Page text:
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COVID-19: Advice of Singer and others

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I read with amazement the attempt by the Resident UN coordinator in Sri Lanka, Ms. Hanna Singer, to take over the job of advising the Sri Lankan government about the safety of burial of Covid infected bodies. In addition, she is trying to offer advice on the political fallout from it to a veteran politician like Mahinda Rajapaksa!

One thinks of the donkey who took over the dog’s job, as retold in Aesop’s Fables. Ms. Singer hangs on the claim that the WHO has made a statement regarding the matter! Why has Ms Singer’s equivalent in USA kept shut instead of advising President Trump about the need to follow the directives of the WHO which are in fact in agreement with those of the Head of Disease control in the US, namely, Dr. Fauci?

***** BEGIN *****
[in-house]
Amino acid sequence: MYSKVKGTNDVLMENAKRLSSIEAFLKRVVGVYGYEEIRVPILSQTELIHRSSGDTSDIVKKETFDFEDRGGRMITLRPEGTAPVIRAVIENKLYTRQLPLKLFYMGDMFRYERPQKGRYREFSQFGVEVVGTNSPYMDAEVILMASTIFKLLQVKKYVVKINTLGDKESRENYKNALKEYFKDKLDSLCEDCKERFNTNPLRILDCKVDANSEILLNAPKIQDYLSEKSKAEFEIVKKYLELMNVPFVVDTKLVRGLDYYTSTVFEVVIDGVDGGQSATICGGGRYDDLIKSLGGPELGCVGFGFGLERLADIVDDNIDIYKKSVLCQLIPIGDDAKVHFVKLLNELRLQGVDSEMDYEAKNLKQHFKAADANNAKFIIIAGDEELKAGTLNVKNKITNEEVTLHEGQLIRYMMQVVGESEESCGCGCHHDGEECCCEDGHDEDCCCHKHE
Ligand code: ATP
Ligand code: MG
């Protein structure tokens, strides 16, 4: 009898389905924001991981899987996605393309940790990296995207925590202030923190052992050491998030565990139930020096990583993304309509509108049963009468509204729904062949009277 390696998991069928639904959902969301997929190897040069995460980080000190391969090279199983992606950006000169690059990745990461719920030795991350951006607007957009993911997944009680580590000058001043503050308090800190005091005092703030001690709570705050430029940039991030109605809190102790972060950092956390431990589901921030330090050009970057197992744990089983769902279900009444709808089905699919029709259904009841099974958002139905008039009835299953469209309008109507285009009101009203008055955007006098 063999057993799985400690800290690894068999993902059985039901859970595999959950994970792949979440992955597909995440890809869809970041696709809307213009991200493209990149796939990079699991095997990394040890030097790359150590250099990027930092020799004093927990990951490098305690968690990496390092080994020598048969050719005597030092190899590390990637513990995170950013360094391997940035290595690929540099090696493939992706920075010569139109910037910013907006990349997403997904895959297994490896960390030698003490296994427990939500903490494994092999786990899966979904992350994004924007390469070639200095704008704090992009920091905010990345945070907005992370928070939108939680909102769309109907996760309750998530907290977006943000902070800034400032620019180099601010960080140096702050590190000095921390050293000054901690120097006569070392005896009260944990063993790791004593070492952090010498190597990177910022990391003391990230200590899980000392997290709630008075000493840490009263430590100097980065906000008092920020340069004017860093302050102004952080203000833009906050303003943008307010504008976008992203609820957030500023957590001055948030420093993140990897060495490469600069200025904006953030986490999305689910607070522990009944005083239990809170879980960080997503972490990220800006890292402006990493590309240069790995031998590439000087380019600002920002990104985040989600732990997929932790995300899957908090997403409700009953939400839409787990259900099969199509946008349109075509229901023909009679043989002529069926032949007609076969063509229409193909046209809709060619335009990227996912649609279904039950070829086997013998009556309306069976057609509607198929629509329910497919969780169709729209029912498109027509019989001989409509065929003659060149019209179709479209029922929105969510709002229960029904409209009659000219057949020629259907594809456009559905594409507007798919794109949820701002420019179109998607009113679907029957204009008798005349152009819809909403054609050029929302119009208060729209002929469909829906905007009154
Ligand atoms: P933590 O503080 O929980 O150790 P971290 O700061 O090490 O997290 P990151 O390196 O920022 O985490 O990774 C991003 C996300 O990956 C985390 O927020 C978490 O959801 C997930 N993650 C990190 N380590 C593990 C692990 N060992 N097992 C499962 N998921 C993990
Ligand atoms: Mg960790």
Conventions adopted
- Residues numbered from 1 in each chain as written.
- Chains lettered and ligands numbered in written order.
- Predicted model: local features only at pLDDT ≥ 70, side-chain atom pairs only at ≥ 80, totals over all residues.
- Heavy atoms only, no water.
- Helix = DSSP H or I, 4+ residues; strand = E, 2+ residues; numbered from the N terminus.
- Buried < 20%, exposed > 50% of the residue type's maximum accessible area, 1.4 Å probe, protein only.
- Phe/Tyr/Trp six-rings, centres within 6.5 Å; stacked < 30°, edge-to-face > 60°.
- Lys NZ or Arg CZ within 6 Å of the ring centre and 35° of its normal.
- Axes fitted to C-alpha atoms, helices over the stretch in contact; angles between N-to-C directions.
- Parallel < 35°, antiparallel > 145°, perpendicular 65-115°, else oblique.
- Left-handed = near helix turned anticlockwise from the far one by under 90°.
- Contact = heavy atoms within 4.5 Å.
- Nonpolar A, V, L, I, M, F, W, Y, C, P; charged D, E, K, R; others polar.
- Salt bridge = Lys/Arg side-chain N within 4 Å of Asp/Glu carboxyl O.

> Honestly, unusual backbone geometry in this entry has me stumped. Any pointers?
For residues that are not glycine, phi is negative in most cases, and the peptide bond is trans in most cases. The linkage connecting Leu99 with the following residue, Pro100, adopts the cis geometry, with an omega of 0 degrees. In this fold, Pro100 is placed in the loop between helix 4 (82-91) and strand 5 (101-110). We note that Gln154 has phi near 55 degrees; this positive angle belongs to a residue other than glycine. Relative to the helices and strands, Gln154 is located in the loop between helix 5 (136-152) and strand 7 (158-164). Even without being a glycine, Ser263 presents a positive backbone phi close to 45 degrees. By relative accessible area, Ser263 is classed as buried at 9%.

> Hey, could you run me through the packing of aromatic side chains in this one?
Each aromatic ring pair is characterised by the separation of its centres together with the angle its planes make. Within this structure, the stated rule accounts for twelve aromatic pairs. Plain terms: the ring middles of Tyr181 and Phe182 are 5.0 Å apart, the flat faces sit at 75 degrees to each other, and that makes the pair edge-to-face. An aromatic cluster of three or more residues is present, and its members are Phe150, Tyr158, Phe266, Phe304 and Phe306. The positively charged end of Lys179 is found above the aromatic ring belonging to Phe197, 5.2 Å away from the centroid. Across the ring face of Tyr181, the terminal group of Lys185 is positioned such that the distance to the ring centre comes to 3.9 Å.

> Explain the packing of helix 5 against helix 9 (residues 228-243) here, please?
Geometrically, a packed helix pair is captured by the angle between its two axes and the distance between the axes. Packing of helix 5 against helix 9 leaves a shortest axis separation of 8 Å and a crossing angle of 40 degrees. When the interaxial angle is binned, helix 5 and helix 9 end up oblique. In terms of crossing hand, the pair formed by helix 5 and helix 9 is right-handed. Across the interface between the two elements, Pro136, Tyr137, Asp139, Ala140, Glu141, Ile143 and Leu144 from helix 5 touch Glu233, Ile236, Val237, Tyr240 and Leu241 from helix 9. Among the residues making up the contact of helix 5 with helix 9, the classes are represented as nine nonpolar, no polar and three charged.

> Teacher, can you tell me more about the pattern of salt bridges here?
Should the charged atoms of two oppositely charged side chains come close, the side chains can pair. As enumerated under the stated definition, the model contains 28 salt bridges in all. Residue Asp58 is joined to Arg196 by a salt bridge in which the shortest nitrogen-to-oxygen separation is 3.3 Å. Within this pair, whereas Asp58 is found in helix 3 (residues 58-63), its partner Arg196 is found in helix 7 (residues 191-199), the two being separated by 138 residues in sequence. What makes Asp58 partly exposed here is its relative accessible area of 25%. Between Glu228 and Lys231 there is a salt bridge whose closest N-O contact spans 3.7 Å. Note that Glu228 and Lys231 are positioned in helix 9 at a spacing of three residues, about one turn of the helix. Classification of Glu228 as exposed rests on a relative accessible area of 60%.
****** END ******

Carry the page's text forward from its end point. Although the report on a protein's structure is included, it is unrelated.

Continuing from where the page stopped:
The WHO has certainly NOT conducted any field experiments regarding the matter in the context of Sri Lanka. Furthermore, The Health Ministry officials are evidently in close communication with the WHO officials who have even congratulated the Sri Lankan Health authorities for their excellent management of Covid cases. Even with the second wave, Sri Lanka so far has 61 deaths for a population of 22 million, while Bangladesh, which allows burial of corpses, has 1.33 MILLION people dead, for a population of 161 million. If Sri Lanka had followed Bangladesh in proportion to the population, there should have been 182,000 deaths in Sri Lanka and not just 61. Let us look at Ms Singer’s own country, Egypt, another predominantly Muslim country with a population of 98 million. It has also suffered 1.34 MILLION deaths! Religious rights have over-arched health regulations in many countries, while in some countries like the US, some states or regions with strongly orthodox religious belief systems have had higher incidences of the Epidemic.